According to the former UNCTAD Secretary General “the COVID-19 pandemic has accelerated the shift towards a more digital world. The changes we make now will have lasting effects as the world economy begins to recover.” It will be critical for businesses, particularly MSMEs to invest in technologies to reduce trade costs, take advantage of new trade technologies such as digital platforms, drive for policy change that is favorable for the implementation of technologies that facilitate trade and contribute to the development of international agreements and standards on interoperability, data and other aspects of trade and technology (pg. 107).

Governments, on the other hand, will need to work intensively with businesses to remove obstacles to technological trade employ regulatory changes that would facilitate the application of technology in trade, prioritize investment in digital infrastructure, retrain and reskill its citizen on digital skills and cooperate internationally to streamline international regulation and facilitation of e-trade (pg. 107).

The Phase II and Phase III negotiations on the AfCFTA, seek to address the areas of intellectual property rights, investment and competition policy for Phase II and e-commerce for Phase III. Negotiations could be geared towards securing IP rights, especially on technological advancements within the continent, creating incentive for cross-border flow of investment. The African Regional Intellectual Property Organization (ARIPO) continues to make progress, having held the Tenth Session of the Working Group on the Improvement of the ARIPO Protocols Relating to Industrial Property from 13th to 14th May 2021. The African Intellectual Property Organization (OAPI) also seeking to consolidate protection of intellectual property among its member states.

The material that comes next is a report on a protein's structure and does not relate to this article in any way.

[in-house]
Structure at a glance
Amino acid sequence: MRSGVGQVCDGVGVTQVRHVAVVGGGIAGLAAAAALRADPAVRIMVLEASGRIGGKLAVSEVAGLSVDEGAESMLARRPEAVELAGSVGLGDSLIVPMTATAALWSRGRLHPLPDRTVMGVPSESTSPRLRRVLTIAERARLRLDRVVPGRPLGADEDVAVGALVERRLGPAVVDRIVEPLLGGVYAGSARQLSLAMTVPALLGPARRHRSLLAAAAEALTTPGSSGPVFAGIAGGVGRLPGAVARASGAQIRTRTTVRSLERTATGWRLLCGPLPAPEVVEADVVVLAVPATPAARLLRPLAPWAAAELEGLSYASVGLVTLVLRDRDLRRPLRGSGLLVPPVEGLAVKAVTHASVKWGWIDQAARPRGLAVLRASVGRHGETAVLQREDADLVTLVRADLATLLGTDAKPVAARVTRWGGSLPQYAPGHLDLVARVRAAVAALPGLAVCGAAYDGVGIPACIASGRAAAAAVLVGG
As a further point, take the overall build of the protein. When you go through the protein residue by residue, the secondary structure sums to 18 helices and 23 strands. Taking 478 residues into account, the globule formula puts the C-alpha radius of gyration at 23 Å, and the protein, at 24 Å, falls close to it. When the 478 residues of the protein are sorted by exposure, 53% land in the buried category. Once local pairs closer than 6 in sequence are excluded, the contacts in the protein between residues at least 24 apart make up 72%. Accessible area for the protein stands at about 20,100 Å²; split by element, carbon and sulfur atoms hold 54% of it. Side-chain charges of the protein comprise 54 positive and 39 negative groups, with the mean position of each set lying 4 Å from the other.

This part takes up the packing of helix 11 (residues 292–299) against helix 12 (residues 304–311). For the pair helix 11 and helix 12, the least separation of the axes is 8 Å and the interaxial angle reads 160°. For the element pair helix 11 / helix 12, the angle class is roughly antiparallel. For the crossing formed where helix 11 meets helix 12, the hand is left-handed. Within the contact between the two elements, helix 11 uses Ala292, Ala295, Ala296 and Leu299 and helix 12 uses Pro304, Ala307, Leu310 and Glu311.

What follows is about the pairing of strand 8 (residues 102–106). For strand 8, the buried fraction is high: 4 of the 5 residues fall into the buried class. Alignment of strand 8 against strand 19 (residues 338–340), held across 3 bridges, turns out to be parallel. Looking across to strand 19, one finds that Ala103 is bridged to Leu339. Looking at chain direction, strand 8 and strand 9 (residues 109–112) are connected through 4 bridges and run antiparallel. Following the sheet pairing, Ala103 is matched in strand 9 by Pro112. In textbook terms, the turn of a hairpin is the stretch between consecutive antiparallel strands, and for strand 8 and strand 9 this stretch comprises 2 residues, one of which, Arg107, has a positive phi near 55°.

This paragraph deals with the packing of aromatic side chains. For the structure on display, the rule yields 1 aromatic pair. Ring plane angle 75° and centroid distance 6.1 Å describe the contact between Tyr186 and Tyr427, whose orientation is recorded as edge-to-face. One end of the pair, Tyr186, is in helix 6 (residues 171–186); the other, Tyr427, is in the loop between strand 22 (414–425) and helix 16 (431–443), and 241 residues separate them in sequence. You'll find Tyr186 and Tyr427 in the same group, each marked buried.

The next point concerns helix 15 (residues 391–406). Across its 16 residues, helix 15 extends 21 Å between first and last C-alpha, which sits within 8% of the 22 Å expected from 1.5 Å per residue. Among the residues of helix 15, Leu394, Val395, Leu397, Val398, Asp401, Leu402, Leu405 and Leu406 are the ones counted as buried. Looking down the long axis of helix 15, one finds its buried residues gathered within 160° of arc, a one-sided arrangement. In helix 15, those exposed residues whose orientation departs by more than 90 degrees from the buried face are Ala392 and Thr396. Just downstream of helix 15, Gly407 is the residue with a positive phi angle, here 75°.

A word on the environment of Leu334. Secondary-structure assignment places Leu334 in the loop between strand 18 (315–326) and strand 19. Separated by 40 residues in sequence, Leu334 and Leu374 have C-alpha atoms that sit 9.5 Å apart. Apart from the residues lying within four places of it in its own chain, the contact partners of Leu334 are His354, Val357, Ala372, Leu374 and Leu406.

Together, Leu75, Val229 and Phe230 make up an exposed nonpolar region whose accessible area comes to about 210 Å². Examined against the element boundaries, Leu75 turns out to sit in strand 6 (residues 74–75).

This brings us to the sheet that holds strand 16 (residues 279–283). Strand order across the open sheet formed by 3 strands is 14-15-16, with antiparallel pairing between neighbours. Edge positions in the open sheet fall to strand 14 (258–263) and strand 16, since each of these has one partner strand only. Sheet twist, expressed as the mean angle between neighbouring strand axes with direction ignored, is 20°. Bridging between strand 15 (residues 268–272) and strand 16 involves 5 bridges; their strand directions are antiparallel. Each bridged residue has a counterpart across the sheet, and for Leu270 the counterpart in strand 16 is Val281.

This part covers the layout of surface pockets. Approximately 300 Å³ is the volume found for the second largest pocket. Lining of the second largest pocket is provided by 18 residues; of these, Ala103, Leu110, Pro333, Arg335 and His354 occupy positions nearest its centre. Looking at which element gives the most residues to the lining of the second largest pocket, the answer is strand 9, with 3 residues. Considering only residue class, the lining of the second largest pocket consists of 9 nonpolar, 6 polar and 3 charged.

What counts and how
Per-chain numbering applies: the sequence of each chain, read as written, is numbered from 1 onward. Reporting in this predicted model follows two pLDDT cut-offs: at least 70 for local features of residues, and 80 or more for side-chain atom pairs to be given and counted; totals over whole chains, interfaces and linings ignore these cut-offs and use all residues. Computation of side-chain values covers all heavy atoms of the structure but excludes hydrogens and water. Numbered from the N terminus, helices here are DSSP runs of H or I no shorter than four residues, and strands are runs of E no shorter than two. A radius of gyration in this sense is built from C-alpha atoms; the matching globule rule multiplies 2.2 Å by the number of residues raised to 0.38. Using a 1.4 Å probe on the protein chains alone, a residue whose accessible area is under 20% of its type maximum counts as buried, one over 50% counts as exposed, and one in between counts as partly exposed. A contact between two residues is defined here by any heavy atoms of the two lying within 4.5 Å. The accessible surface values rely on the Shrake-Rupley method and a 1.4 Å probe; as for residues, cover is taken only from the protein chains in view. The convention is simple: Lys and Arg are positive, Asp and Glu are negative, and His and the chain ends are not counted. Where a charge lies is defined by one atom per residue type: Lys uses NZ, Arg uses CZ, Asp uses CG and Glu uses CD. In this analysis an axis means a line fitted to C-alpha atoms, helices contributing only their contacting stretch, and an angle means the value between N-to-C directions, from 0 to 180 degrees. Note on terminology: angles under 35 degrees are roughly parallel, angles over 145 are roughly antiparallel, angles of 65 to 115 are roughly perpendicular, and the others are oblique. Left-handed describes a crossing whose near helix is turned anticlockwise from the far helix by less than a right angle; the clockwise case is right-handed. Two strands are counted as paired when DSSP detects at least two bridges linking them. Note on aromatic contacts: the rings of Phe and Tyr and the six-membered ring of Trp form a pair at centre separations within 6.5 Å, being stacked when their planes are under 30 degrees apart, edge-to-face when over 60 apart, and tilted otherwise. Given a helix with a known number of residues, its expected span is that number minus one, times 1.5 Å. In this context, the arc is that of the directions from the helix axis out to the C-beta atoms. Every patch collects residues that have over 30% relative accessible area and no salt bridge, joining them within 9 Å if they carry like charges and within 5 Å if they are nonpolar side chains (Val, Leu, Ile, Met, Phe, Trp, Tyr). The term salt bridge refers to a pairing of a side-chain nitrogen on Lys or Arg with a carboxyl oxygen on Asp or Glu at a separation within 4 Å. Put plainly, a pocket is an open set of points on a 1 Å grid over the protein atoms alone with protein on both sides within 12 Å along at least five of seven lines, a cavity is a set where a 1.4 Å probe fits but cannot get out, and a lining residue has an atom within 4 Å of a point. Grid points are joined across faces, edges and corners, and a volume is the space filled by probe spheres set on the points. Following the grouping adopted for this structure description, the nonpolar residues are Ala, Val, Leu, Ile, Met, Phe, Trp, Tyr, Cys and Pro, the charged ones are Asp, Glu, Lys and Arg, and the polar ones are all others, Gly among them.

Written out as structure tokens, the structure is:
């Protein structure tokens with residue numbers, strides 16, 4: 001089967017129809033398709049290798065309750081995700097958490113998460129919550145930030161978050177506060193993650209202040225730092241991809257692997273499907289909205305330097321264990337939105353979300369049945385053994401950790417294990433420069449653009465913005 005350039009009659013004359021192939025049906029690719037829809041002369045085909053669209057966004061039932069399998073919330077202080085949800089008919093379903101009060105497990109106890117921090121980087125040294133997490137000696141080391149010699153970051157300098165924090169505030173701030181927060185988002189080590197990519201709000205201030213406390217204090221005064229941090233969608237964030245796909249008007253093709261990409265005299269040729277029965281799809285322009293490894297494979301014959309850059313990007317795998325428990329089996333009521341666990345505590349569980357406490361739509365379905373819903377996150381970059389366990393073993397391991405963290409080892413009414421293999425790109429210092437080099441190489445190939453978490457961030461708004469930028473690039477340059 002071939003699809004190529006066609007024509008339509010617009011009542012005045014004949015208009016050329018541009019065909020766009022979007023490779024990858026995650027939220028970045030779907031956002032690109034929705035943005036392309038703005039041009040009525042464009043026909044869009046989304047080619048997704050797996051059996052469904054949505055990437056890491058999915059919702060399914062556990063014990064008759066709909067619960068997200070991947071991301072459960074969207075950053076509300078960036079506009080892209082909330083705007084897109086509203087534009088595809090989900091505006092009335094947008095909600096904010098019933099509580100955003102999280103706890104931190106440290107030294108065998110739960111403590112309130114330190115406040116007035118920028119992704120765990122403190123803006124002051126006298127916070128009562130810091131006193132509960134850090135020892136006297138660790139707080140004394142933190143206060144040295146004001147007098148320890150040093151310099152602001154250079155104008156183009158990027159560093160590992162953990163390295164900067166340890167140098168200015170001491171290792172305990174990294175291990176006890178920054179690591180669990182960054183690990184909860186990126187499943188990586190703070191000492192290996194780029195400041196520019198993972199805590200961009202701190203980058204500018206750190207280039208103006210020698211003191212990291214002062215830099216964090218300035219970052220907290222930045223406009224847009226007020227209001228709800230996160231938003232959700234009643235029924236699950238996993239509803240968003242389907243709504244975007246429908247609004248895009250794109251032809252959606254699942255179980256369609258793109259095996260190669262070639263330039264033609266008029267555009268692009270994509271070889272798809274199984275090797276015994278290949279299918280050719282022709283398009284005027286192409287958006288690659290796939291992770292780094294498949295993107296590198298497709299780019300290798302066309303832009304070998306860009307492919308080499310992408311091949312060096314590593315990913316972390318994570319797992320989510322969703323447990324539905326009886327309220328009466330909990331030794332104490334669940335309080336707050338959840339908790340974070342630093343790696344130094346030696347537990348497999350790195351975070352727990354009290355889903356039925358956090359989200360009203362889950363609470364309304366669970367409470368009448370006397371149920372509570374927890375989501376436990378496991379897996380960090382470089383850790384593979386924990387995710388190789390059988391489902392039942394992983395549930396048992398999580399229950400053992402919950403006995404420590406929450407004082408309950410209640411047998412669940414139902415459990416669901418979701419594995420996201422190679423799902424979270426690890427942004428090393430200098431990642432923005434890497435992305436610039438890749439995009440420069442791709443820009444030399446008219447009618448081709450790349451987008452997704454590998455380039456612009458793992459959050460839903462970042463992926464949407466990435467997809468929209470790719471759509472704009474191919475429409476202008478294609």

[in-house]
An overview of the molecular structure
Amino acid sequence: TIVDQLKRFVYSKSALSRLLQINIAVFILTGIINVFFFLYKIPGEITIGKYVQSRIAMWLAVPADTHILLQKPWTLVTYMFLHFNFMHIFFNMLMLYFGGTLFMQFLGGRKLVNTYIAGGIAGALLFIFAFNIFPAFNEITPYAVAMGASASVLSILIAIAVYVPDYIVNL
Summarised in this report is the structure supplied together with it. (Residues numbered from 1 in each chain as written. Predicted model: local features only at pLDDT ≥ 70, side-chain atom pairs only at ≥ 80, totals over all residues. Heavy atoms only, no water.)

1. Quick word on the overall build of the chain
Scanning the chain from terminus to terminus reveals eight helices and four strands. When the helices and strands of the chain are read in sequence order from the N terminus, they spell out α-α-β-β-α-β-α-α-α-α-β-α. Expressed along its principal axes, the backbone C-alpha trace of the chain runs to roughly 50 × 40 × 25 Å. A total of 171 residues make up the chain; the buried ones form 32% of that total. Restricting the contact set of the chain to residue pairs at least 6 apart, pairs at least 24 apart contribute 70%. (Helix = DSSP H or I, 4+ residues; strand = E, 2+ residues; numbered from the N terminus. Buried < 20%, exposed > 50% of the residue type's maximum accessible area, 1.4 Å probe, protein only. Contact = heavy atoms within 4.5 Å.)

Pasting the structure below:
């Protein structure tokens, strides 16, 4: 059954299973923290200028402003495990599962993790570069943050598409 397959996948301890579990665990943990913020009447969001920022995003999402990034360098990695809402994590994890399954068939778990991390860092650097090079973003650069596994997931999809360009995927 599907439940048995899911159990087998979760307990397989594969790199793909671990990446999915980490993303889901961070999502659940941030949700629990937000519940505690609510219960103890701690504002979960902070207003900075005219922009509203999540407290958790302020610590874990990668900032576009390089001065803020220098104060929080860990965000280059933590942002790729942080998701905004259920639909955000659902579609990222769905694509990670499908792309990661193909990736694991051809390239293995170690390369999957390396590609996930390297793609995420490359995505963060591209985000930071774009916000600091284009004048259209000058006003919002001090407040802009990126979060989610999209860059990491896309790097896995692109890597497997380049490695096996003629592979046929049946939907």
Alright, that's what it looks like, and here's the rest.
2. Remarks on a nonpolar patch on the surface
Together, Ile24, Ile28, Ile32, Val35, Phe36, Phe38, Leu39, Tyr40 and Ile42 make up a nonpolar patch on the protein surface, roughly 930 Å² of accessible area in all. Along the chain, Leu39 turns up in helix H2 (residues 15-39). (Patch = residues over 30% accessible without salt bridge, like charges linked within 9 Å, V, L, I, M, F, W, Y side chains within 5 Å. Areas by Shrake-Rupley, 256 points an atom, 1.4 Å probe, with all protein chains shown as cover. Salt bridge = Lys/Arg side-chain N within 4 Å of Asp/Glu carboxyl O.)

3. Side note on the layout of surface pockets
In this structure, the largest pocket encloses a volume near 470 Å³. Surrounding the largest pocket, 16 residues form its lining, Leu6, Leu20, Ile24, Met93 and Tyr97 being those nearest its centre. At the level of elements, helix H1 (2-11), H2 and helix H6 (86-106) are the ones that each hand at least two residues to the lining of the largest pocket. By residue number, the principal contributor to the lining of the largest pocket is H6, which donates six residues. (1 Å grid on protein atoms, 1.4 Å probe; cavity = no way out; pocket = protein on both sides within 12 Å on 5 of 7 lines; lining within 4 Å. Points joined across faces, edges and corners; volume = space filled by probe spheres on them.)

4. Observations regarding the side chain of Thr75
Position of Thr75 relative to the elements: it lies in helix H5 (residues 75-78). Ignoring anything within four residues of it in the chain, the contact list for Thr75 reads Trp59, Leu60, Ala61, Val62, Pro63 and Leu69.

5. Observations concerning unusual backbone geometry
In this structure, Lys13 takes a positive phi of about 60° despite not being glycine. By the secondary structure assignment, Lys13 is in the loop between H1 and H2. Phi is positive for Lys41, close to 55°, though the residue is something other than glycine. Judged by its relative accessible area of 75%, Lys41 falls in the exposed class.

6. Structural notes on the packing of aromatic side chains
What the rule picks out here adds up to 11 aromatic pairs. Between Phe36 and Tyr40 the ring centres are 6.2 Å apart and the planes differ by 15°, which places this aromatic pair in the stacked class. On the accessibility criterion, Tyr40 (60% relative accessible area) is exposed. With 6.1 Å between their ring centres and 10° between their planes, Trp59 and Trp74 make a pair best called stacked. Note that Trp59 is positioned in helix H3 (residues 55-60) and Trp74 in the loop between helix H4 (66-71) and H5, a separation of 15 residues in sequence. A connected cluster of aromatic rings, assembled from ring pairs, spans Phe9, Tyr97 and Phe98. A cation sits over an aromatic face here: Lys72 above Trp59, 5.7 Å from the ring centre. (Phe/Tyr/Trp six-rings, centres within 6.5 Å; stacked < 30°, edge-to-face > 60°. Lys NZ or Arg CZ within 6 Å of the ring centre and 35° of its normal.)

E-commerce under AfCFTA will also open up new channels for trade, allowing several member state trade digitally at a time, creating endless opportunities to markets and traders previously inhibited by logistical and administrative challenges. “Member States must critically review approaches that are being made to them by bilateral partners to enter into bilateral e-commerce legal instruments with them in order to ensure that Africa is able to negotiate and implement an AfCFTA protocol on e-commerce such as data and products being traded under e-commerce. This will promote the emergence of African owned e-commerce platforms at national, regional and continental levels,” says an AU Report.

Against this background, it is important for African countries to position themselves to reap big from the digital trade and technological advancements even post COVID-19 pandemic. Artificial intelligence, blockchain technology, e-commerce, all have the potential to improve lives and the time is ripe, for African countries to promote these technologies and further innovations to be able to solve its own problems, be self-sufficient and effectively trade on the global market. With expanding mobile broadband coverage lifting millions out of poverty, ICT innovations, and other technological advancements, if encouraged in the continent, will only further lift more people out of poverty due to economic growth. Investment should therefore be made, by both public and private sector to realize this goal.

About the Author(s)

Monica Werimo

Monica Werimo holds an LLB degree from Kabarak University, Monica has vast experience in the field of international trade law, international investment law and environmental law. Her experience also extends to e-commerce and cyberspace laws and regulations and has background knowledge on the World Trade Organisation.